Let’s get to the point and use the Cloud Native approach.

Native approach to cloud technology

As for Cloud Native, there is even a foundation that is working on this approach. Among other things, it runs the CNCF Landscape initiative, which already consists of almost 200 different projects. There, you can probably find everything you need for happiness. Or unhappiness. But as a developer, do you need to know all these databases, APIs, gateways, meshes, or monitoring and orchestration solutions? No.

The definition of Cloud Native is available here [link]. Containers, microservices, meshes, declarative APIs, and immutable infrastructure are listed there. For me personally, the idempotency of solutions is still important.

You’re probably asking yourself right now: what services should I use to get Cloud Native solutions? Virtual machines? How about containers (eng. Containers)? Or maybe Serverless? It’s not really about the choice of service. Insisting solely on containers and Serverless services doesn’t quite make sense.

What matters most is how we create the systems and applications and how we manage, maintain and develop them.

Creating scalable applications in cloud environment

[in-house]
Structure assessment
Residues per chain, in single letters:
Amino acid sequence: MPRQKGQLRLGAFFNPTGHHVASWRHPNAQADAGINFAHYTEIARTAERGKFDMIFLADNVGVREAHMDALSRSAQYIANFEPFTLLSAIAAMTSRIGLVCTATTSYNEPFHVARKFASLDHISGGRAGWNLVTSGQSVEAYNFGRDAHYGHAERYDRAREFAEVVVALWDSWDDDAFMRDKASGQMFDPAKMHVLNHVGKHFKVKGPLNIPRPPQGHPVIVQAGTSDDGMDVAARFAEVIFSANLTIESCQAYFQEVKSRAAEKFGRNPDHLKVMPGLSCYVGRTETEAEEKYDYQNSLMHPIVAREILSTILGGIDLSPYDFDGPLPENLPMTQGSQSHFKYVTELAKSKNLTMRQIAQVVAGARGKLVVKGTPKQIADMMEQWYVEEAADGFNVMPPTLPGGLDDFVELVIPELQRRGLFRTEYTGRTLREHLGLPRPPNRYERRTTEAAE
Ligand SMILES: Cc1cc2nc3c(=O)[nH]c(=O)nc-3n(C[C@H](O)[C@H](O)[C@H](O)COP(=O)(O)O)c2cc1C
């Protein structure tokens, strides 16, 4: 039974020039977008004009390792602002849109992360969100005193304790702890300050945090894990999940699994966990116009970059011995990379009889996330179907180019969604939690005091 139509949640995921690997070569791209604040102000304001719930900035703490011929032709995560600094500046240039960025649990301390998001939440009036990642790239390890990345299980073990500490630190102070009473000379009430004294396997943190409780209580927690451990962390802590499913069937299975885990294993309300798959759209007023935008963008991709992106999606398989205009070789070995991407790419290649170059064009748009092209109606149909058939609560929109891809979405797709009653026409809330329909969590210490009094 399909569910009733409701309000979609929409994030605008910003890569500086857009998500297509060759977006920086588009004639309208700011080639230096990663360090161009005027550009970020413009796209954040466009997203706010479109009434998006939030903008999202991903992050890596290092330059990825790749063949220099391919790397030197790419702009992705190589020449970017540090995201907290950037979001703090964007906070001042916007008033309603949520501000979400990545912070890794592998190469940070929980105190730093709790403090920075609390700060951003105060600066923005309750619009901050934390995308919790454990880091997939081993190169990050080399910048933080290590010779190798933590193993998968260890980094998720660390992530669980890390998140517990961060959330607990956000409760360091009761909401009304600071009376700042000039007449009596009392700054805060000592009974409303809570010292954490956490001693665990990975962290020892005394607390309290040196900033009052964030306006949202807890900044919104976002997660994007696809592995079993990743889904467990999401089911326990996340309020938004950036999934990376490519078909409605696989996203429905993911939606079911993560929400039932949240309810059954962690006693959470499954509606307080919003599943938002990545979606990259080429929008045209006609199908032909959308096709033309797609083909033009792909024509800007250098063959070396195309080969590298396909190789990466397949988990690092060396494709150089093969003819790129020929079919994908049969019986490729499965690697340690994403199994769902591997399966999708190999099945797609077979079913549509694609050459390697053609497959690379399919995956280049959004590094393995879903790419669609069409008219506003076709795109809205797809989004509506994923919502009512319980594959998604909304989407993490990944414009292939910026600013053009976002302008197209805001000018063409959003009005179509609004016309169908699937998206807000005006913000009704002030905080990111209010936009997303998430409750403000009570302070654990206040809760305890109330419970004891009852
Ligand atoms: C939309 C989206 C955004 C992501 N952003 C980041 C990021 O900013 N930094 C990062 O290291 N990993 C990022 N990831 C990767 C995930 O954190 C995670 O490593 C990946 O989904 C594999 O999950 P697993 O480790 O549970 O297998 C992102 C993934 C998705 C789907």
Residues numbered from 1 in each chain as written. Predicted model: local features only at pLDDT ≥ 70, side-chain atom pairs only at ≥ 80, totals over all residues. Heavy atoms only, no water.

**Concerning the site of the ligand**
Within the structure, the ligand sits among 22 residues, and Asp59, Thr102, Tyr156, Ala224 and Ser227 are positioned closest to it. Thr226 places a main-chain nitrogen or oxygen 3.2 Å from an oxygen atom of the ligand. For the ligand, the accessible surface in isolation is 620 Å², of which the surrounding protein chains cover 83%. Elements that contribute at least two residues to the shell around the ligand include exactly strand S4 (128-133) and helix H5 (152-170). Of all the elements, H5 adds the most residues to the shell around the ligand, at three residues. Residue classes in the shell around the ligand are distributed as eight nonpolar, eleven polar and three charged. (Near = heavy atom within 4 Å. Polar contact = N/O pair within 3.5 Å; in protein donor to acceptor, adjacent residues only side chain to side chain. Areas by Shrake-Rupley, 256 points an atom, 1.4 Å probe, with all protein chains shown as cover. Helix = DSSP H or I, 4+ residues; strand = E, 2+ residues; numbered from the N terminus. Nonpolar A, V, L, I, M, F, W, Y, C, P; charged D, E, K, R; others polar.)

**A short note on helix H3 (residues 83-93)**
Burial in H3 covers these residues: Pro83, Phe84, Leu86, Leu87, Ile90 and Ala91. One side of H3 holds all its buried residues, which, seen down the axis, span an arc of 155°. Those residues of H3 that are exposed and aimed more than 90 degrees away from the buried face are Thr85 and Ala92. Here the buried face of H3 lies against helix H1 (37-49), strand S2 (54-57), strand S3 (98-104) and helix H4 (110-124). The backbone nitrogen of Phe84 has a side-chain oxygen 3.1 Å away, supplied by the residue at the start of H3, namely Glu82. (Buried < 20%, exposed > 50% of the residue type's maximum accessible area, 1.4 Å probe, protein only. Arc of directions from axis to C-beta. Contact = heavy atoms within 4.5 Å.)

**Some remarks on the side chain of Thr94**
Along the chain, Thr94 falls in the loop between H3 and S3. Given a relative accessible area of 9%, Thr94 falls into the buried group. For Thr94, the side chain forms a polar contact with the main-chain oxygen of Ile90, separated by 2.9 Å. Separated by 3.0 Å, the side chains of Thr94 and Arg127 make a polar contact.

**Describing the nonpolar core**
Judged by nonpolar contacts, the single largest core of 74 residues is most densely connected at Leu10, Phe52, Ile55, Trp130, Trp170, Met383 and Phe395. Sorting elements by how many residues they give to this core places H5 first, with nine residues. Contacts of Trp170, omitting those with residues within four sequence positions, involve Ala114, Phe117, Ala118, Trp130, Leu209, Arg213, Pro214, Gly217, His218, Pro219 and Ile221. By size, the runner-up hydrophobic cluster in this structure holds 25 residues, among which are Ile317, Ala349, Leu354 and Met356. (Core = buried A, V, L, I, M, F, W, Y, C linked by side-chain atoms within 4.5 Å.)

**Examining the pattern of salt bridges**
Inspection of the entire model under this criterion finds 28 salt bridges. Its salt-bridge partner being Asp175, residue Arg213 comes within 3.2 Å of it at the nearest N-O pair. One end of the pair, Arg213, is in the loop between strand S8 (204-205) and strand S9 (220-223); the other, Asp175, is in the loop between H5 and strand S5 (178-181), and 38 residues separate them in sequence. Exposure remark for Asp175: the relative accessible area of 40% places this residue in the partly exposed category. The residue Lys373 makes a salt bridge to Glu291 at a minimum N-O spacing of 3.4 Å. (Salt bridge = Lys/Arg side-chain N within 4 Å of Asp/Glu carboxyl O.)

There are different models for public cloud deployments. The Cloud Native approach is among the most mature. And perhaps the most demanding. While Cloud Native architecture will not always be the best if you want to take full advantage of the potential offered by cloud capabilities, it is good to keep the following in mind:

  • infrastructure automation, application development processes as well as their implementation,
  • performance, concurrency, speed of response,
  • auto-scaling, or application flexibility,
  • fault tolerance,
  • diagnosability, i.e. access to metrics, logs, tracing,
  • automatic deployments, i.e., reducing the time needed to deploy new versions,
  • idempotence.

Idempotency of solutions is very important. Remember that we design Cloud Native applications with fixes in mind, not bugs. Remember that a given service can be restarted many times. Horizontal scaling means that the number of service providers will go up and down. Queries can be repeated, and they can be handled by different instances.

We can achieve the above goals by leveraging the advantages of native applications.